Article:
Statute of Limitations for a Legal Malpractice Action Begins When the Injured Party Knows or Should Know of the Injury or the Negligent ActMonday, July 18th, 2011
McLeod v. Elk, Bankier, Christu, P.A., 4D10 – 37
June 8, 2011
The Fourth District addressed the issue of whether the statute of limitations had expired before a claim for legal practice was filed. In 1998, Robert McLeod hired Thomas Tew as his attorney in order to sue Fidelity Investments (“Fidelity”) for an alleged error that resulted in the wrongful liquidation of McLeod’s account. The parties to that action reached a settlement that contained a general release for Fidelity. McLeod believed that his account would be restored to the status quo ante. It was not.
Tew withdrew from his representation of McLeod. McLeod then hired Elk Bankier in 2002 to file an arbitration claim against Fidelity. The arbitration panel found in favor of Fidelity in 2003. Bankier then suggested filing a malpractice suit against Tew and recommended an attorney who specialized in legal practice claims. That attorney advised McLeod that he had no valid claim against Tew. In 2004, McLeod then sought the advice of another attorney, William Isenberg. Isenberg recommended pursuing a legal practice claim against Tew. McLeod filed a malpractice action against Bankier in 2008, arguing that Bankier negligently allowed the statute of limitations against Tew to expire. Bankier obtained summary judgment based on the two-year statute of limitations, which it contended began when Tew terminated his relationship with McLeod in 2000 or, at the latest, when the arbitration panel reached its decision in 2003.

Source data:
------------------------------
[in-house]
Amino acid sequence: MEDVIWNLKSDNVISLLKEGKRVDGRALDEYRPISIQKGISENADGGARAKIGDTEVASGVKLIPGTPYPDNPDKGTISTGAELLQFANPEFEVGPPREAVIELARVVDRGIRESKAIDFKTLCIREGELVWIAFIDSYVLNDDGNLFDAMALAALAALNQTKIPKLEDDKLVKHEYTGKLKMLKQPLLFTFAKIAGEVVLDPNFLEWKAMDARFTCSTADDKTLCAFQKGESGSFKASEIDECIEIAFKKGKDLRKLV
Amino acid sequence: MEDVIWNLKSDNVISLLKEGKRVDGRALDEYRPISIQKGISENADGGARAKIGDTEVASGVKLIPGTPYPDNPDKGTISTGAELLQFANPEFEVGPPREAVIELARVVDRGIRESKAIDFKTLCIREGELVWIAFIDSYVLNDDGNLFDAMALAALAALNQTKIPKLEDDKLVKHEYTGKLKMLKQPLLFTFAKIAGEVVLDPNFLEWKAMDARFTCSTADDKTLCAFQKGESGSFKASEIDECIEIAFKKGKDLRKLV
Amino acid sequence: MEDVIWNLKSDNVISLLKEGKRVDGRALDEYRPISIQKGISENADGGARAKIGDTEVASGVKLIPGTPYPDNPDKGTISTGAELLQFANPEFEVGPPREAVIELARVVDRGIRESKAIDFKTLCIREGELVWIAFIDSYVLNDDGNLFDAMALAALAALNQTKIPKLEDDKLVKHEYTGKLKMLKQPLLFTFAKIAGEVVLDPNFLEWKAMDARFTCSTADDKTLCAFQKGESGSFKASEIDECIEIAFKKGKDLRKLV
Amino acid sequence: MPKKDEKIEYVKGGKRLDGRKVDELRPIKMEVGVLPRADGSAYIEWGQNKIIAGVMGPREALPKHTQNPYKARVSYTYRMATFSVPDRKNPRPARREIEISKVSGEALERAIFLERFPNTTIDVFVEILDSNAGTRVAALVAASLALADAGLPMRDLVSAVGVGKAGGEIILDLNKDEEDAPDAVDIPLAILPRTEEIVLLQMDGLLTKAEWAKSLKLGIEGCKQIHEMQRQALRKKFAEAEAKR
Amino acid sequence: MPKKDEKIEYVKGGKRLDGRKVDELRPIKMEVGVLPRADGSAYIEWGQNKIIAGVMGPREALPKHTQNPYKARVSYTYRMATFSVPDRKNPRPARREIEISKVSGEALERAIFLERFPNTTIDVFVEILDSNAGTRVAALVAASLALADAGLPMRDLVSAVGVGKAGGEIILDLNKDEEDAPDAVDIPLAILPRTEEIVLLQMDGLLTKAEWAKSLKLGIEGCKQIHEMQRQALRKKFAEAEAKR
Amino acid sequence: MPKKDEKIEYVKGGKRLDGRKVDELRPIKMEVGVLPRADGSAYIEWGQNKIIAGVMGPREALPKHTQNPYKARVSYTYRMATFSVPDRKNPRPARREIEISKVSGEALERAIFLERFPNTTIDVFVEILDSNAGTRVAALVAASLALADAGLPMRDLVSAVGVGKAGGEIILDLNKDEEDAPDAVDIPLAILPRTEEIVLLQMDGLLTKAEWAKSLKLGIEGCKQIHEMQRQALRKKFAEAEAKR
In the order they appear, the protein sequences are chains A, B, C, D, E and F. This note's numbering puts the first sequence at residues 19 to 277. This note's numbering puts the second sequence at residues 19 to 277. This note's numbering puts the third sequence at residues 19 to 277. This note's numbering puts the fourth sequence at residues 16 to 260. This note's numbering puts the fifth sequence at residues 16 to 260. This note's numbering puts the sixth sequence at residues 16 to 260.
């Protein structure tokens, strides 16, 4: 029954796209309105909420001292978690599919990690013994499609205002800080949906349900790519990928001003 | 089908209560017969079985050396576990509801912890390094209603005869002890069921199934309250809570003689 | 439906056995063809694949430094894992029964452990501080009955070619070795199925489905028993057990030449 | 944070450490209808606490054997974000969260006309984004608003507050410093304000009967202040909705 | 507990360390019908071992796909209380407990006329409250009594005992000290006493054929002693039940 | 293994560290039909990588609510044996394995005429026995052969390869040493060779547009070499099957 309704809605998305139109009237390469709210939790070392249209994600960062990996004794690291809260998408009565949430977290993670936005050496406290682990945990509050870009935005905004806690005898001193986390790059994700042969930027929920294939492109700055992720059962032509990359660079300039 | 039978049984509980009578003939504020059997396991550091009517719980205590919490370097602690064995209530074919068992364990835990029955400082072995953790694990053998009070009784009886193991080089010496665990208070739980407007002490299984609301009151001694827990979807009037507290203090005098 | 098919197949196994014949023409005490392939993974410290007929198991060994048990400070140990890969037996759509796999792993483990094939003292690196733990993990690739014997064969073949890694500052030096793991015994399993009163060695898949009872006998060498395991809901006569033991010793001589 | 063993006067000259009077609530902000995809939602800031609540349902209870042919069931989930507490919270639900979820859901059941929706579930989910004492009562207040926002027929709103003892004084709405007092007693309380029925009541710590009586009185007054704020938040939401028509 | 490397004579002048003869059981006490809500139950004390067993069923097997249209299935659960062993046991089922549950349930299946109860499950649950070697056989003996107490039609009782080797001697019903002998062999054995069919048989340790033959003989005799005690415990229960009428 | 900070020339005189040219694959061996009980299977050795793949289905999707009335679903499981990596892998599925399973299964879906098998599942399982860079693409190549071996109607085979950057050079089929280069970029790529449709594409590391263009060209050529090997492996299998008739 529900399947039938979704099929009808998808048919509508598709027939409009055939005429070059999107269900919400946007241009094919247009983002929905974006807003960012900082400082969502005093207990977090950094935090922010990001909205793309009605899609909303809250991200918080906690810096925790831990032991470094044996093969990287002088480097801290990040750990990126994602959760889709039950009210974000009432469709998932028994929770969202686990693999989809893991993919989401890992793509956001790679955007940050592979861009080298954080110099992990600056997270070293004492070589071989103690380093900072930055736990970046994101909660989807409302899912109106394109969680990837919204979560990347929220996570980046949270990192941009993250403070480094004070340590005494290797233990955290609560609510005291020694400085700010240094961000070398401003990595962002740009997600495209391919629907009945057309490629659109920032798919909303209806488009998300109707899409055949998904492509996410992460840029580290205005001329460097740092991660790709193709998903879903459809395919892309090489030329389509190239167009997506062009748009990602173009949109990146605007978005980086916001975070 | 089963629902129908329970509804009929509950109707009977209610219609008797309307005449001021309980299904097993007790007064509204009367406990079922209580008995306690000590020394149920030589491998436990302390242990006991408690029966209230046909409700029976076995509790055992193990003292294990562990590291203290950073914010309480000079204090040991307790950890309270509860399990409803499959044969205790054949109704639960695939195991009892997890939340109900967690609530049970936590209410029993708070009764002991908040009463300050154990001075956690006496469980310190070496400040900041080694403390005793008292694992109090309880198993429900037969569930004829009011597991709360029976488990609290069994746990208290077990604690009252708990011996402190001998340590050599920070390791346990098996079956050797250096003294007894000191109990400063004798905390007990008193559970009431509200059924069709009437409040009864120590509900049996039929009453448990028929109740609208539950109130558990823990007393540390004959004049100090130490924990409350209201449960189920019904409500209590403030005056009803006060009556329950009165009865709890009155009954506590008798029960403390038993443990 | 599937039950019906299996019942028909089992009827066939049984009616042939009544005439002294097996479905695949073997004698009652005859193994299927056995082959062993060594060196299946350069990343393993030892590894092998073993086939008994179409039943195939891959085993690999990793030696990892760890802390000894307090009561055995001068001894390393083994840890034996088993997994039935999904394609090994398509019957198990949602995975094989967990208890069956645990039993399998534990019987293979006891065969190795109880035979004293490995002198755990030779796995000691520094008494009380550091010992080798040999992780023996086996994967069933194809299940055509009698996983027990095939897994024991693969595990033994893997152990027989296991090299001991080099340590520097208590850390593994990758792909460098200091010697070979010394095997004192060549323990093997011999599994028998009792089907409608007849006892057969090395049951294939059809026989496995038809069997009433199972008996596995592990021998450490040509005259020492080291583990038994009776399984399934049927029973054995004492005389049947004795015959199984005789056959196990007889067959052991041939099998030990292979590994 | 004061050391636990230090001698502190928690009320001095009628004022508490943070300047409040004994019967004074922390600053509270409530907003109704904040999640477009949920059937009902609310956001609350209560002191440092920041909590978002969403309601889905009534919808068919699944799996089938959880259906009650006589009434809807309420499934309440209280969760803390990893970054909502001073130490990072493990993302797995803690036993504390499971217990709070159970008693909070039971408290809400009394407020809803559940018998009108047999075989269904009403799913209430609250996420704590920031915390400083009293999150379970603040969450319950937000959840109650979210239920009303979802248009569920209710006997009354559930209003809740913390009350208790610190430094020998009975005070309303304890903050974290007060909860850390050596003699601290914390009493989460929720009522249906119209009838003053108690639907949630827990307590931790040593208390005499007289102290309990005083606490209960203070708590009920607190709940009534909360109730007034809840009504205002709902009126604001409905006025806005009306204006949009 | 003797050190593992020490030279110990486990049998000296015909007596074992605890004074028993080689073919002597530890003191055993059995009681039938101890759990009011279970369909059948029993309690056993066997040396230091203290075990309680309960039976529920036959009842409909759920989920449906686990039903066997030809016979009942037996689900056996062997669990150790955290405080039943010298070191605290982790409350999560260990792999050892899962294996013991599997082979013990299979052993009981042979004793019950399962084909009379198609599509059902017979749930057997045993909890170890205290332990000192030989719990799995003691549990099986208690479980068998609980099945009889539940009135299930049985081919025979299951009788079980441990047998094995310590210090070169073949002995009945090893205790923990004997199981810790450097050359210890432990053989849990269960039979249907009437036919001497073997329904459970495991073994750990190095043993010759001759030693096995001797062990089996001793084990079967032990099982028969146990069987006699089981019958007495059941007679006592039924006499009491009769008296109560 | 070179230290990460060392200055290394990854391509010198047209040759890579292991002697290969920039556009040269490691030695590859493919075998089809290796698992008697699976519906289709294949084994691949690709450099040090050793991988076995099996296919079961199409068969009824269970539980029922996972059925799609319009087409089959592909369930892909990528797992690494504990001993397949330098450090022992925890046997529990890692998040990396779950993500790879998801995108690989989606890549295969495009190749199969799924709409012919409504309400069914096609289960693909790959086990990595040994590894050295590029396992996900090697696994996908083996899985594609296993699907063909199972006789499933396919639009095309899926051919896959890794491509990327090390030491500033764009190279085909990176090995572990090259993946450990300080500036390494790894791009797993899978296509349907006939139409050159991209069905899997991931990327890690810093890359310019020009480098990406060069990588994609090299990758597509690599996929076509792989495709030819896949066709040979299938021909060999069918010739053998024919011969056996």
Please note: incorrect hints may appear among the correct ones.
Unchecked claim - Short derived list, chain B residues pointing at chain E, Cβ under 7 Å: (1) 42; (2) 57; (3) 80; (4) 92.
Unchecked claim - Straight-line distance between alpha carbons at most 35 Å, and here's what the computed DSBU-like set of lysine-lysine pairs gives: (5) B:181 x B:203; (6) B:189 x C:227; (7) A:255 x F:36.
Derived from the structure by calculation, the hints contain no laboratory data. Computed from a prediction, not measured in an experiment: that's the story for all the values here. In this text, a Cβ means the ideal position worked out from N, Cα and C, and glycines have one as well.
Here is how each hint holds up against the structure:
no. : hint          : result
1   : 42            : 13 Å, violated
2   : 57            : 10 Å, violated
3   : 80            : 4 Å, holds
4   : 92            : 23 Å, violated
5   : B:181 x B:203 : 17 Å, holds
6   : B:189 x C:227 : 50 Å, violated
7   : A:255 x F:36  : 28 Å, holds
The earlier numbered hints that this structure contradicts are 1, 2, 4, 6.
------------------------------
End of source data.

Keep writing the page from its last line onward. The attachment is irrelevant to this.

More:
On appeal, the Fourth District noted that section 95.031(1), Fla. Stat. states that “[a] cause of action accrues when the last element constituting the cause of action occurs.” The Court reasoned that: (1) as Tew advised McLeod in March 2000 that he would not longer represent him, any possible action against Tew expired in March 2002 and Bankier could not be liable for failure to sue Tew for malpractice since they were not retained until December 2002; (2) even if the limitations to sue Tew began at the arbitration decision in 2003 and expired in 2005, McLeod was advised of his possible cause of action against Tew and did not file against Bankier until 2008, after the statute of limitations against it had expired in 2007; and (3) the latest date at which McLeod’s cause of action against Bankier accrued was 2004 based on when Bankier advised him of his cause of action against Tew, so that the two-year statute of limitations still barred McLeod’s claim against Bankier. The Fourth District affirmed.